And the verdict still is out on tight end Andrew Quarless, who was arrested and charged with a misdemeanor for discharging a firearm in public in Florida over the July 4 weekend.

Offense: McCarthy made quick, decisive moves after the late collapse against the Seahawks, handing over play-calling duties to Tom Clements while shuffling his staff and vowing to be more involved with the defense and special teams.

There should be few issues considering McCarthy will remain heavily involved, he has a veteran staff and A-Rod will be at the controls. It will be interesting to see how the process works in the preseason.

Green Bay finished first in scoring (30.4) — although the other two units played nice complements — sixth in total yards (386.1), tied for second in third-down conversions  (47 percent) and led the league with a plus 14 turnover ratio.

Reigning MVP Aaron Rodgers leads a potent passing game that featured the No. 2 receiving duo in the league in Jordy Nelson, who broke Robert Brooks' 1995 franchise mark in yardage, and Randall Cobb. No. 3 ball catcher Davante Adams should only become more of a force in his second season, and that goes for TE Richard Rodgers.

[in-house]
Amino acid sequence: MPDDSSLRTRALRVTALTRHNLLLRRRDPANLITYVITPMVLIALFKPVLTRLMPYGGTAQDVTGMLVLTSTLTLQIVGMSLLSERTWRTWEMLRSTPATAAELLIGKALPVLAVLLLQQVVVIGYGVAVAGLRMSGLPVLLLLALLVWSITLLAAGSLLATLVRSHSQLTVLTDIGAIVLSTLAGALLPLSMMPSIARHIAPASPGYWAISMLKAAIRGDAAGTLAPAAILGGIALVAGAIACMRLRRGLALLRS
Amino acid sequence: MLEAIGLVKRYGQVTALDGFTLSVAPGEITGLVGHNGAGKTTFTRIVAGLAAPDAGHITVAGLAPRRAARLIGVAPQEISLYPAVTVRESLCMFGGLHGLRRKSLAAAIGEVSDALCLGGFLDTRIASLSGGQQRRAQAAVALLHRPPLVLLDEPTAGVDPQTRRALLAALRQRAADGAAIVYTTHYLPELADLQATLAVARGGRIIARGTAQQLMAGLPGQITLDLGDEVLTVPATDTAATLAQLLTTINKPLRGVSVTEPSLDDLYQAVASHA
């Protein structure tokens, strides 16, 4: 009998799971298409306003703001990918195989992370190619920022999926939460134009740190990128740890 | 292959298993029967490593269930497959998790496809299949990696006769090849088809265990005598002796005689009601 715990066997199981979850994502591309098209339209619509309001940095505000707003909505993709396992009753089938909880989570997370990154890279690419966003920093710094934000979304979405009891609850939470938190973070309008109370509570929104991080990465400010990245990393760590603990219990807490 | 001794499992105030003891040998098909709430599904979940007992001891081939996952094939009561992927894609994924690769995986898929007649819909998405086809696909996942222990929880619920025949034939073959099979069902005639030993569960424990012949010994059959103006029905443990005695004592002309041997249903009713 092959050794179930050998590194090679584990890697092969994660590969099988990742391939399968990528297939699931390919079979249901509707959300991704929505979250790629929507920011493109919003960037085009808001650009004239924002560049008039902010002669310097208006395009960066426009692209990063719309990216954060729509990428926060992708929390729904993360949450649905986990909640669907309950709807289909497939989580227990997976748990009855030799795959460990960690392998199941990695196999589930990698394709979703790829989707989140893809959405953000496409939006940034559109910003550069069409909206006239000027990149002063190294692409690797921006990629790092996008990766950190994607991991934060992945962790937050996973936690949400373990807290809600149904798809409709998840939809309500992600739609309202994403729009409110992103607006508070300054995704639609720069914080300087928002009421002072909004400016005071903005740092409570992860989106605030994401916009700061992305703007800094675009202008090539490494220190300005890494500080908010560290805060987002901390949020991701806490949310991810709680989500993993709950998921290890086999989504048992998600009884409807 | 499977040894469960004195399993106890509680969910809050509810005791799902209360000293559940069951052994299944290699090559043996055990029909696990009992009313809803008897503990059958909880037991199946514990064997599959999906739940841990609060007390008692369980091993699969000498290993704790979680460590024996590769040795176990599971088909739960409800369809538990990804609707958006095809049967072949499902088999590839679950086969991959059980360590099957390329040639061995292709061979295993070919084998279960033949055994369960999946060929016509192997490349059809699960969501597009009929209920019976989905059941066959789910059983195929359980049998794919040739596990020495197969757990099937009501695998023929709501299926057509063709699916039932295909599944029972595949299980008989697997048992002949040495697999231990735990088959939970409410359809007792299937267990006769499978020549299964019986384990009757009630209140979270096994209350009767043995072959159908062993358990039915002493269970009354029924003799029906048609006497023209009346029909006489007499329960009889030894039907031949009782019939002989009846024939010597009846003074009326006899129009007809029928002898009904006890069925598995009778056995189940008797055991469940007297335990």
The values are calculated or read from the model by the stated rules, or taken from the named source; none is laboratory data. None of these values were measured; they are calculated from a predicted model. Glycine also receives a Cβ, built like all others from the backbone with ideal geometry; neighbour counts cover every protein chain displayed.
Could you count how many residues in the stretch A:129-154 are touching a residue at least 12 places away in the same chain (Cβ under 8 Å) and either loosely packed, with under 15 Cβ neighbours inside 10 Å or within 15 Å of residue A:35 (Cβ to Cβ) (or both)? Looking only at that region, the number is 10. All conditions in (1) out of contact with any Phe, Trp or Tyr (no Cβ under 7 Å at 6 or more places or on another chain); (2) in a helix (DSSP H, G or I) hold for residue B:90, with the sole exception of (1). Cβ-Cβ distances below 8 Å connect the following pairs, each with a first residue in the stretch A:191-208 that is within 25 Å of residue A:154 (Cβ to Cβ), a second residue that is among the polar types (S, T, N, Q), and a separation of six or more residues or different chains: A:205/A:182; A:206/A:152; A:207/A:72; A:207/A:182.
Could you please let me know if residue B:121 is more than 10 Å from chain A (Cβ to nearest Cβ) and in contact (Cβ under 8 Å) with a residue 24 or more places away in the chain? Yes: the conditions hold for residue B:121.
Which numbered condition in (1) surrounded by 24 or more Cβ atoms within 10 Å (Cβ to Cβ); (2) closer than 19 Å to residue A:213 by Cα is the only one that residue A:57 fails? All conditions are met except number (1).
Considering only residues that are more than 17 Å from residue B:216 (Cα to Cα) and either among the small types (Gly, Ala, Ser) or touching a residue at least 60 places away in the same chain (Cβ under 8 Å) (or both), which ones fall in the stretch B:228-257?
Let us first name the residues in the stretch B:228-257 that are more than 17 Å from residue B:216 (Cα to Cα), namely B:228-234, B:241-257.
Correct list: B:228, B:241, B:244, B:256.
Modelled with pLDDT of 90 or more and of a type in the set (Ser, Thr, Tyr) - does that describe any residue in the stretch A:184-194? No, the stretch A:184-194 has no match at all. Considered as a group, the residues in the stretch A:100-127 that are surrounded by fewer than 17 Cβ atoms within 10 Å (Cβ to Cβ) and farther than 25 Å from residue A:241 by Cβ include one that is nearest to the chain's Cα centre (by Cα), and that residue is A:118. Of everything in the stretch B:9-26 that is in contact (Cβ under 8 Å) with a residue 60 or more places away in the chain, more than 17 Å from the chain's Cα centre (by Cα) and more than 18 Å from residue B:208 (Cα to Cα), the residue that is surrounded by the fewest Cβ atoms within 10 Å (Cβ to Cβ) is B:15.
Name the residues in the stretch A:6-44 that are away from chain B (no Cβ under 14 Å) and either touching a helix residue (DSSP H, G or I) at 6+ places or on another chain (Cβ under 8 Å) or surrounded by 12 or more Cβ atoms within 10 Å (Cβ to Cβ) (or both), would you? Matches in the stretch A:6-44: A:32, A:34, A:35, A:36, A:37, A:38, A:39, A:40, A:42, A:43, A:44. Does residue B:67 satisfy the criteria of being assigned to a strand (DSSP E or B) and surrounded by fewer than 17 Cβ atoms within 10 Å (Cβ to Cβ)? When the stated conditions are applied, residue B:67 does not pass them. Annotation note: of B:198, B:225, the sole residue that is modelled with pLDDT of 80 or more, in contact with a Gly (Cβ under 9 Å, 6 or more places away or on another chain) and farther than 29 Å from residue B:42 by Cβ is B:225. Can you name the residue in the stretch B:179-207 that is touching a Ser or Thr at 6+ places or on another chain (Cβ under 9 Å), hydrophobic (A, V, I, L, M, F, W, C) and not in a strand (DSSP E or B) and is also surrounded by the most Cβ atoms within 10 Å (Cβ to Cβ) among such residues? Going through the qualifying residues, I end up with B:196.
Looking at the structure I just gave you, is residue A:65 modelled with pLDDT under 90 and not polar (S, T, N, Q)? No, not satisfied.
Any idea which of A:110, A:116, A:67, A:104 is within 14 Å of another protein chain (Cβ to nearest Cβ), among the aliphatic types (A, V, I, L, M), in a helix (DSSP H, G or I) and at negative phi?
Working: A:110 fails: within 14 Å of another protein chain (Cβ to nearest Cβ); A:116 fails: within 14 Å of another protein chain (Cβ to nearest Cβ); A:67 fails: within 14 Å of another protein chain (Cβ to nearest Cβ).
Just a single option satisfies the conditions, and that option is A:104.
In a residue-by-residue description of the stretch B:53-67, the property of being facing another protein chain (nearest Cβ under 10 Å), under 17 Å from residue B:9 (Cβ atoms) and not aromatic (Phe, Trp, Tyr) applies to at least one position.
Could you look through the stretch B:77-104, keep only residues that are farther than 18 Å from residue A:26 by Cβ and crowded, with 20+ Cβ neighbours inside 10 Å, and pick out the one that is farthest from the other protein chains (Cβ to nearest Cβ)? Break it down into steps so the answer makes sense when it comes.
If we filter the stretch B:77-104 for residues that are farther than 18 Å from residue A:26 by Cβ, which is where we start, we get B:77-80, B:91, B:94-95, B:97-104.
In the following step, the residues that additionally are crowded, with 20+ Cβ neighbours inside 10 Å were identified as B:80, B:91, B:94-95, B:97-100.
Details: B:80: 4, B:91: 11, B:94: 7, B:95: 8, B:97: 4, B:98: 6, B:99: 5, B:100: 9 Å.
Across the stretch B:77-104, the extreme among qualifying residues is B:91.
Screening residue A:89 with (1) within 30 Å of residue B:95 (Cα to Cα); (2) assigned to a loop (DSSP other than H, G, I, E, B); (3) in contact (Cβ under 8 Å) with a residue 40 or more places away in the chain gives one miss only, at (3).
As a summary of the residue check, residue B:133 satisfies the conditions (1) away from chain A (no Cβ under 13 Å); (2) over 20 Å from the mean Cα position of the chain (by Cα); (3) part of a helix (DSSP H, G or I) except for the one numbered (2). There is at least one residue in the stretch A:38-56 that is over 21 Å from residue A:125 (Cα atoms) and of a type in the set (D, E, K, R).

The question becomes whether 2014 draft picks Jared Abbrederis and Jeff Janis can take a step forward or will they lose ground to Montgomery and/or one of the undrafted rookie receivers.

The ground game appears to be in great shape with Eddie Lacy and James Starks back, although a third player must step up. Meanwhile, Ripkowski will try to take playing time from fan favorite John Kuhn at fullback.

A relatively healthy offensive line was one of the top units in the NFL last fall, but improved depth must be a priority.

Defense: The aforementioned legal issues surrounding Datone Jones and Guion could leave the Packers in dire straights against a tough early schedule, especially if B.J. Raji can't say on the field and become a force versus the run, an ailment that hurt the Packers dearly through the first half of the regular season and again in the playoffs.

That issue improved drastically in the second half after Matthews was moved around and second-year player Sam Barrington took over a starting role from the departed Brad Jones and Hawk.